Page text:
Part 6: The Teacher/Composer
Producing at least one major work a year, and often more, Argento has been prolific despite the demands of a 40-year teaching career. He never sought the isolation of a freelance career. Wary of trendiness, he has been grateful for regular contact with the students who kept him informed about the popular musical culture.
Although some of his students, such as Stephen Paulus, have gone on to become celebrated composers themselves, Argento does not take credit for it. "When a person comes in who has started to compose," he says, "you can shape them a bit. You can polish them up and knock off some of the rough edges. Education is not putting stuff into students: it's helping them get it out."
Vern Sutton, who in the early 1960s was Argento's student, only to become his "boss" in the 1990s, when he became director of the University of Minnesota School of Music, says Argento graciously shouldered the requisite administrative responsibilities. "Most artists chafe in a bureaucracy," Sutton observes. "But Dominick willingly served on committees and even acted as division head. When given a job to do, he did it efficiently. Always the pencils were sharpened, the desk cleared at the end of the dayjust like his workplace at home. When he was here, he was truly here, and was gladly available to his students."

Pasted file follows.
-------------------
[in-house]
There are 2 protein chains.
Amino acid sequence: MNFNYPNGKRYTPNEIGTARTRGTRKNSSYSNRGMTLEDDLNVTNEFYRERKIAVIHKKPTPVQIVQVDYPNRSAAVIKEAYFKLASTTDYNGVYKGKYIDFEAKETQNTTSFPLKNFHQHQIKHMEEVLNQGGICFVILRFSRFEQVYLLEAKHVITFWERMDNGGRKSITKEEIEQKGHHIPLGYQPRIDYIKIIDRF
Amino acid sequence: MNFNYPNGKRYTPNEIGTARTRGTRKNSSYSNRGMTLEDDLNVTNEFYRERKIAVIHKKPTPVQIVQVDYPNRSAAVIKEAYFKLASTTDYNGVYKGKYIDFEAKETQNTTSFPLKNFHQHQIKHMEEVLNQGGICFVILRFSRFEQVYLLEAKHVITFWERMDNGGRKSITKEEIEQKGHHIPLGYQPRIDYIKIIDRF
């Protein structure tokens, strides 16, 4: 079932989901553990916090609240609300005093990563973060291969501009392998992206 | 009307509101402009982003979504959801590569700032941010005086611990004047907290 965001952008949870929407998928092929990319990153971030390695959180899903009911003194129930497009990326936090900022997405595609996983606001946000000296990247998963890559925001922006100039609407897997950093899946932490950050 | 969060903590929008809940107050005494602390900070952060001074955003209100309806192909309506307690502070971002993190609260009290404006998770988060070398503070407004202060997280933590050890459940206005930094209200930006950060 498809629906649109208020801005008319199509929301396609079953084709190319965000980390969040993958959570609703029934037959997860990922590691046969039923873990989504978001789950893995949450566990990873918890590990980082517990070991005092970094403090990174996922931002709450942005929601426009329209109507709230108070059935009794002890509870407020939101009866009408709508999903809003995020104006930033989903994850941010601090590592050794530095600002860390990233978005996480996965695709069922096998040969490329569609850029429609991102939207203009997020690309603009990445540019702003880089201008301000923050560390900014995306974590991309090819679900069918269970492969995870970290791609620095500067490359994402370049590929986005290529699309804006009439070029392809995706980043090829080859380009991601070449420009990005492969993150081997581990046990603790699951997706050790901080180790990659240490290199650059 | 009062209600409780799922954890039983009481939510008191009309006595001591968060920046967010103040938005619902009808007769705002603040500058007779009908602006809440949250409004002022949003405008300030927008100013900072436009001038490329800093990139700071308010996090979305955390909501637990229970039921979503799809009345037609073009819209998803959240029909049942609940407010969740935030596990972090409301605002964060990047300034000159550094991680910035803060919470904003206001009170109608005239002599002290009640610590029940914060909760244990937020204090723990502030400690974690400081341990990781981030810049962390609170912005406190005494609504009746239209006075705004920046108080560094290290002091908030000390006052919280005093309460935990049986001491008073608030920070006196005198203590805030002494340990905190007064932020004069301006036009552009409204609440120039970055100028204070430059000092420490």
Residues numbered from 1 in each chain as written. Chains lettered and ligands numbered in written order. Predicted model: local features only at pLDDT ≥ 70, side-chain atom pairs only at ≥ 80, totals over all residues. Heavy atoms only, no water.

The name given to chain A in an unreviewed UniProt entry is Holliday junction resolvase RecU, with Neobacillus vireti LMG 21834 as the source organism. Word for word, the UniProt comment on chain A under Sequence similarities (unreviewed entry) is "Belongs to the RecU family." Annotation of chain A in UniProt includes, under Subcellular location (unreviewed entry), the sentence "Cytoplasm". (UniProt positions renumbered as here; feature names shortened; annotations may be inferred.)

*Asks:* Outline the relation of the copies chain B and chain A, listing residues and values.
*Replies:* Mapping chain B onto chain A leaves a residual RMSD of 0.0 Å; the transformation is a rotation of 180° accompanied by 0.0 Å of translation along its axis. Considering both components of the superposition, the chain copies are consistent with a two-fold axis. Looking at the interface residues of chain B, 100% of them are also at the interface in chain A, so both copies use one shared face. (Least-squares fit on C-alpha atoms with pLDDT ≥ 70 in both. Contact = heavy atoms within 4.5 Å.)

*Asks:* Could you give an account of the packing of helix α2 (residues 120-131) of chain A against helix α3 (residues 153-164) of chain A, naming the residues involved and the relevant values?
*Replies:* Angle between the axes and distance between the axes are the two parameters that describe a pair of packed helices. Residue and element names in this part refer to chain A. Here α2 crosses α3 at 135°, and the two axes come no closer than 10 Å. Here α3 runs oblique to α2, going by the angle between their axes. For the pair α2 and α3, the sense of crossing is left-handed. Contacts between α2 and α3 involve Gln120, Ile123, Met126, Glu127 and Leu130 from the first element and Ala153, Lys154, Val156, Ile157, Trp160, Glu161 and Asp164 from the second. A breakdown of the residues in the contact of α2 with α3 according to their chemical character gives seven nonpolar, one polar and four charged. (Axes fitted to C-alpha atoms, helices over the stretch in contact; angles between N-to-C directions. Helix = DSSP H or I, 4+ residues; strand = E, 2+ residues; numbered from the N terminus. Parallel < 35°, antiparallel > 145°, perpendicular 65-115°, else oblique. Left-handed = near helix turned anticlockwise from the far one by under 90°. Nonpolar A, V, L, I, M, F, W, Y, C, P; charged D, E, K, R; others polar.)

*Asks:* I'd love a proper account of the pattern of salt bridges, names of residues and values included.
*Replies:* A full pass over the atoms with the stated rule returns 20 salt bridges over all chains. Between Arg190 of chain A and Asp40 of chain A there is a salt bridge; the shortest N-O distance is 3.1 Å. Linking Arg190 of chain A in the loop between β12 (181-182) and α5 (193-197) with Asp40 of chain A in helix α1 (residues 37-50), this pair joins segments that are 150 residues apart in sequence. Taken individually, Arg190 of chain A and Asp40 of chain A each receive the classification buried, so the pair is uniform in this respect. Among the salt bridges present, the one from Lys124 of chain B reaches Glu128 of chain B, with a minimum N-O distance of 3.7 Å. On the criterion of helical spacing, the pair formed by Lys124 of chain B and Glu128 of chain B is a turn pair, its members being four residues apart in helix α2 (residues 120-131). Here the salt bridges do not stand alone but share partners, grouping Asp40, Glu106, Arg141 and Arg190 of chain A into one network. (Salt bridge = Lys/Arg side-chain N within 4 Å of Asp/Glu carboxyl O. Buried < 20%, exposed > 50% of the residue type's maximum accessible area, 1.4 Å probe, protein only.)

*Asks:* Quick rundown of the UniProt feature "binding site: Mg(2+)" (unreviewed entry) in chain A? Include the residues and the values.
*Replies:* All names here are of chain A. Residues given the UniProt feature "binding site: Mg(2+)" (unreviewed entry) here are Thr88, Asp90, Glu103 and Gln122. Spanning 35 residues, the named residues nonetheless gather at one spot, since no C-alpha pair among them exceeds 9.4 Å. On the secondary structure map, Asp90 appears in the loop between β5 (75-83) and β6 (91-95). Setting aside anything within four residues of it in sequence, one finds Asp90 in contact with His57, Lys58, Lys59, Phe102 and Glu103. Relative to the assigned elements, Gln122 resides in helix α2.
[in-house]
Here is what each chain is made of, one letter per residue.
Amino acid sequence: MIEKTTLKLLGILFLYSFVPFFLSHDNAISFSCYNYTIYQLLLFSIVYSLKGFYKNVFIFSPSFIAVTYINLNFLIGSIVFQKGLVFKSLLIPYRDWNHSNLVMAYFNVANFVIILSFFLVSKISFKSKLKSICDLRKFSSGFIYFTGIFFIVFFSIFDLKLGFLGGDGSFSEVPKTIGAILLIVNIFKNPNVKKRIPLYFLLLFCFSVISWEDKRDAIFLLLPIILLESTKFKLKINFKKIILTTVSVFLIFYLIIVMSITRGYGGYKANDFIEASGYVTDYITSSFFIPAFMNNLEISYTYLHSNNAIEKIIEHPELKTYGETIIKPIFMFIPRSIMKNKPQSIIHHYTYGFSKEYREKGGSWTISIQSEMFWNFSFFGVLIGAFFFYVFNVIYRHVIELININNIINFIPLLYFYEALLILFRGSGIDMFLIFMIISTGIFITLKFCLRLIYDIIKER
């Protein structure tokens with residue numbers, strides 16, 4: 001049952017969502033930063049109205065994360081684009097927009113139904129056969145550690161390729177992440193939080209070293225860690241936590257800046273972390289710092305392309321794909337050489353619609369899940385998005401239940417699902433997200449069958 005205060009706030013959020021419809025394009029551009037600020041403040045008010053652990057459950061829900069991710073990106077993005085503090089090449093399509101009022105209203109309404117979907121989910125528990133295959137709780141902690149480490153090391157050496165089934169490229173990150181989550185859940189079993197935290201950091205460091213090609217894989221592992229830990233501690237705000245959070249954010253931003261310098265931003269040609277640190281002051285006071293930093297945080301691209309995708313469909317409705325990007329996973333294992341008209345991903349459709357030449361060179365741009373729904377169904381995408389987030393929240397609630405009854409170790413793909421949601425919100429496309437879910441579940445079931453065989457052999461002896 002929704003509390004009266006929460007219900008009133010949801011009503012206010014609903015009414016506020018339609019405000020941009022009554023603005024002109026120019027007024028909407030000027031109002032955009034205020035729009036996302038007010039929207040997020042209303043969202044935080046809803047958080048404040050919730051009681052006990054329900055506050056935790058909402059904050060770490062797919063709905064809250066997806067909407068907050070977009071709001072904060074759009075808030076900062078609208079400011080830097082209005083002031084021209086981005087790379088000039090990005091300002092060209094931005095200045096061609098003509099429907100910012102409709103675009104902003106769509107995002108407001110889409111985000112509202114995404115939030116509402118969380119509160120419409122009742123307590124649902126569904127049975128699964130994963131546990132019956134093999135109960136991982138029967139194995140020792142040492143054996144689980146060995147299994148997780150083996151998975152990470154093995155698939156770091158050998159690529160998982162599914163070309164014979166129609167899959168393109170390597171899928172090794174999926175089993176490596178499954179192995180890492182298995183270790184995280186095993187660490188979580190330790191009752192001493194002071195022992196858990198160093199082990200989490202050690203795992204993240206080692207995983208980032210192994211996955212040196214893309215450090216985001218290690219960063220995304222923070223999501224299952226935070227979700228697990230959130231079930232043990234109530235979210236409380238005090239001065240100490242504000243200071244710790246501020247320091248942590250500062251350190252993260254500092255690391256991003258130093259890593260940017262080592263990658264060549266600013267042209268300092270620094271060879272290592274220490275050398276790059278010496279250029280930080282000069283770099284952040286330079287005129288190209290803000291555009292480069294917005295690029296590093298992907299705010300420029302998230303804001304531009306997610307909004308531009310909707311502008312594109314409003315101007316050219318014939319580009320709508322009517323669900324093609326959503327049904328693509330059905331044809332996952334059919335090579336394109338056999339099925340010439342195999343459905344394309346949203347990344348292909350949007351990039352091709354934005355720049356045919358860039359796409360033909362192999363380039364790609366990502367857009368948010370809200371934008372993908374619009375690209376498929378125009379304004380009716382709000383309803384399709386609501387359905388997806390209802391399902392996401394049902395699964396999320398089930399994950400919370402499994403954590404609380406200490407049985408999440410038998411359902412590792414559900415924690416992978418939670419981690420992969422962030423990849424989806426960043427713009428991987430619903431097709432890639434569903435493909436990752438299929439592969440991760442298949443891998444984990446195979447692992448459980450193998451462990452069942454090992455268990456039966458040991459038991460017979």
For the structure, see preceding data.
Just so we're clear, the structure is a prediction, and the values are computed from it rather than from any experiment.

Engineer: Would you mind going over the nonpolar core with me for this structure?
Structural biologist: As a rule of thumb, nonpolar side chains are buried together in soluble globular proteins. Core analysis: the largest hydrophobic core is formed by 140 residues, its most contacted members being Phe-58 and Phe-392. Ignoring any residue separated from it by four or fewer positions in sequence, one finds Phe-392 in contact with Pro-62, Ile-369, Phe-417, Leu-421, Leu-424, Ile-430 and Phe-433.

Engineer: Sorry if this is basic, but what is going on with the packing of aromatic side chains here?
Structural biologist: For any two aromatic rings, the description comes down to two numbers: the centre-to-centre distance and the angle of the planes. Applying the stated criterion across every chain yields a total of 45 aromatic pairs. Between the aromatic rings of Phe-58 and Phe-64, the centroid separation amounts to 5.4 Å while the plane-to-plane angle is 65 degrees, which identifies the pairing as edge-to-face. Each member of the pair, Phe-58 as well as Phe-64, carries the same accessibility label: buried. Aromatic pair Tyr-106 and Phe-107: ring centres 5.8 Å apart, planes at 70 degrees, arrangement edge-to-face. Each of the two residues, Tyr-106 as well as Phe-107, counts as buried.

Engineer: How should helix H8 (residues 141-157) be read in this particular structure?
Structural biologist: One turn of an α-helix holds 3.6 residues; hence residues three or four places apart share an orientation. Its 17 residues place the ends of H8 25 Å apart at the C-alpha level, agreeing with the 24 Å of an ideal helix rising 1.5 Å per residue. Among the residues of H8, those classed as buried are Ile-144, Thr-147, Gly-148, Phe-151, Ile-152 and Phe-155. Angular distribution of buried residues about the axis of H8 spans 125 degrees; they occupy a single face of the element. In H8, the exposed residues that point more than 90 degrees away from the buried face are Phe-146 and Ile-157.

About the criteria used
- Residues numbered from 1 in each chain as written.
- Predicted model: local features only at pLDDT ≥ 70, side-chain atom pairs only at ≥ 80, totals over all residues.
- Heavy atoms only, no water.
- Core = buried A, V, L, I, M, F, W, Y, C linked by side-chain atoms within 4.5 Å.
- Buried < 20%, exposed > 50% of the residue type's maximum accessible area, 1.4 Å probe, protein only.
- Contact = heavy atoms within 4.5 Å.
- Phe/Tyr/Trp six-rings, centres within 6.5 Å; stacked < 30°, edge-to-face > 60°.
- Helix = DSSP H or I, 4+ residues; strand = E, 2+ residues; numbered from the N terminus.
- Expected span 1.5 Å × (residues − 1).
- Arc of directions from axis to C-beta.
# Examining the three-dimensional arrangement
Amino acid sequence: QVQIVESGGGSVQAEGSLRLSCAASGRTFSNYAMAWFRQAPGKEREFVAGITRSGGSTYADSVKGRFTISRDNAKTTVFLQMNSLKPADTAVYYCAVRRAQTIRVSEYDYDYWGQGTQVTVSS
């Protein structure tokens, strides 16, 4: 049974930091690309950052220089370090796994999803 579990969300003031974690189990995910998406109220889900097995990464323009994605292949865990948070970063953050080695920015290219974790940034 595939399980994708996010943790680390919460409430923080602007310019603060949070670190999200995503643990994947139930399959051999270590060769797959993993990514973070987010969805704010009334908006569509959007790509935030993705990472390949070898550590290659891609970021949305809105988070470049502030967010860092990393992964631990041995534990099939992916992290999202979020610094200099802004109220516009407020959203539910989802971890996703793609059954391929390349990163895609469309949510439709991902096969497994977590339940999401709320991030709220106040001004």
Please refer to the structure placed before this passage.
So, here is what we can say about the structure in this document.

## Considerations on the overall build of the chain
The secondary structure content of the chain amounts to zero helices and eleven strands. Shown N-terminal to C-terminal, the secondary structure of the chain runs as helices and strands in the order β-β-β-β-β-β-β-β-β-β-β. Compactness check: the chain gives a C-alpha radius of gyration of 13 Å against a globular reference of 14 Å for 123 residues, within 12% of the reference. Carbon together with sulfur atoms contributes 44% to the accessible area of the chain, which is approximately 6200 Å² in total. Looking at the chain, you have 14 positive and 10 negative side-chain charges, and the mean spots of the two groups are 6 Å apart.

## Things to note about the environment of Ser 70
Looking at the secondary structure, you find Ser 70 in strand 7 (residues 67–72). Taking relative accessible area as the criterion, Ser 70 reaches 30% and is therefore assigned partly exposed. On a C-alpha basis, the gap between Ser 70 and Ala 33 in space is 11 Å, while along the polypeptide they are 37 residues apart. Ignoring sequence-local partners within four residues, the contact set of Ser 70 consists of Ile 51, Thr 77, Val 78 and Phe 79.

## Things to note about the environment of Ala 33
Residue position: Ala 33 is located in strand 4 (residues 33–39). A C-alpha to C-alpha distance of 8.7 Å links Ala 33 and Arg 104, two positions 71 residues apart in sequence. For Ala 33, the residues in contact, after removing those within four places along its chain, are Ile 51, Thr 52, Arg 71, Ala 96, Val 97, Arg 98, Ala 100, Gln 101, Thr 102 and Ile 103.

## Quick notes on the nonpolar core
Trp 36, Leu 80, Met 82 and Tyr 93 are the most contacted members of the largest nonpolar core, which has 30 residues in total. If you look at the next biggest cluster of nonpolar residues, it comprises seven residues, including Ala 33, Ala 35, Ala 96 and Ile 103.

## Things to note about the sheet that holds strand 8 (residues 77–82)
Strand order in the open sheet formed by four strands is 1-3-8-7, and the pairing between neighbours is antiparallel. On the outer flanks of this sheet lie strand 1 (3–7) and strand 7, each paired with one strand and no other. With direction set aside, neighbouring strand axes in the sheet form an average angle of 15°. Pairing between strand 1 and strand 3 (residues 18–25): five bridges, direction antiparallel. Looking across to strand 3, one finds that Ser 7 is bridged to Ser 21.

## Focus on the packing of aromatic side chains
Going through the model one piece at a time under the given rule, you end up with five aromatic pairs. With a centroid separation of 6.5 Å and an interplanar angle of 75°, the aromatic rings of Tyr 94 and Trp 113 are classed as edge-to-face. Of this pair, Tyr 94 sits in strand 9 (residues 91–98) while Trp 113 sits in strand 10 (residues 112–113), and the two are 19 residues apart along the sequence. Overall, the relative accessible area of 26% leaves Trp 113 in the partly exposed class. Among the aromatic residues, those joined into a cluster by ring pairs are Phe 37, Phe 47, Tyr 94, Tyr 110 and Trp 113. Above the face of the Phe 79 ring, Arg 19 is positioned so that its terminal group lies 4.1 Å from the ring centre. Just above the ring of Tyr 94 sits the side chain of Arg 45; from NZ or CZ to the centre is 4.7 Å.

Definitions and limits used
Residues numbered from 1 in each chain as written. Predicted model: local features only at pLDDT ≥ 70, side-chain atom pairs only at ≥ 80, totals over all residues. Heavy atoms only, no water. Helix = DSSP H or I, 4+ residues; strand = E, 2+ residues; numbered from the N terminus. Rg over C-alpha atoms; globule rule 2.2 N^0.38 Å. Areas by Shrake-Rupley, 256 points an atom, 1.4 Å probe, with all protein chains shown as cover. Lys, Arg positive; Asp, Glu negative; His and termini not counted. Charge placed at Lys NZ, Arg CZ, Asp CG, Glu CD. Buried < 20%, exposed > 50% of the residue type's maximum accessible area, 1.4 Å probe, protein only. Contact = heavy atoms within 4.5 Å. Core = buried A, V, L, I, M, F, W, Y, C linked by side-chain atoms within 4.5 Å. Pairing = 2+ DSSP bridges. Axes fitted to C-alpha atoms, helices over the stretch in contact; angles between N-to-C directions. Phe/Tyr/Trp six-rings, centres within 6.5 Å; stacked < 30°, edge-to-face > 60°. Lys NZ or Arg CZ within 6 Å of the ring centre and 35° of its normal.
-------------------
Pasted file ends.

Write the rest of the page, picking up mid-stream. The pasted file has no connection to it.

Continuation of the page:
Throughout his career, Argento has gone about his calling with a single-mindedness unconcerned with popularity. His goal has simply been to compose things musicians will want to perform. "If you write something they feel strongly enough about, and can put it across to the audience, you've got it made," he says.
His theme of self-revelation is both artistic and personal. "Writing music is a way of learning who you area kind of self-discovery," he says. "If you put all my pieces together, that's me. That's who I am."
Silver-haired at 75, Argento still conjures up the impression of dark good looks, and he speaks and writes music with an Italianate passion that belies his birthdays. Nowadays, he could go anywhere in the world, but he has no intention of leaving Minnesota. What keeps him here is the climatethe rising barometer of cultural health.
'In Minnesota," he says, "there is real love of the arts. They're not a social toy but are held in high esteem. Not only in the audiences, but among the donors, including the foundation and corporate levels, there's an honesty and dedication. People realize that what's happening is a good thing, and they support it. I'm here to stay."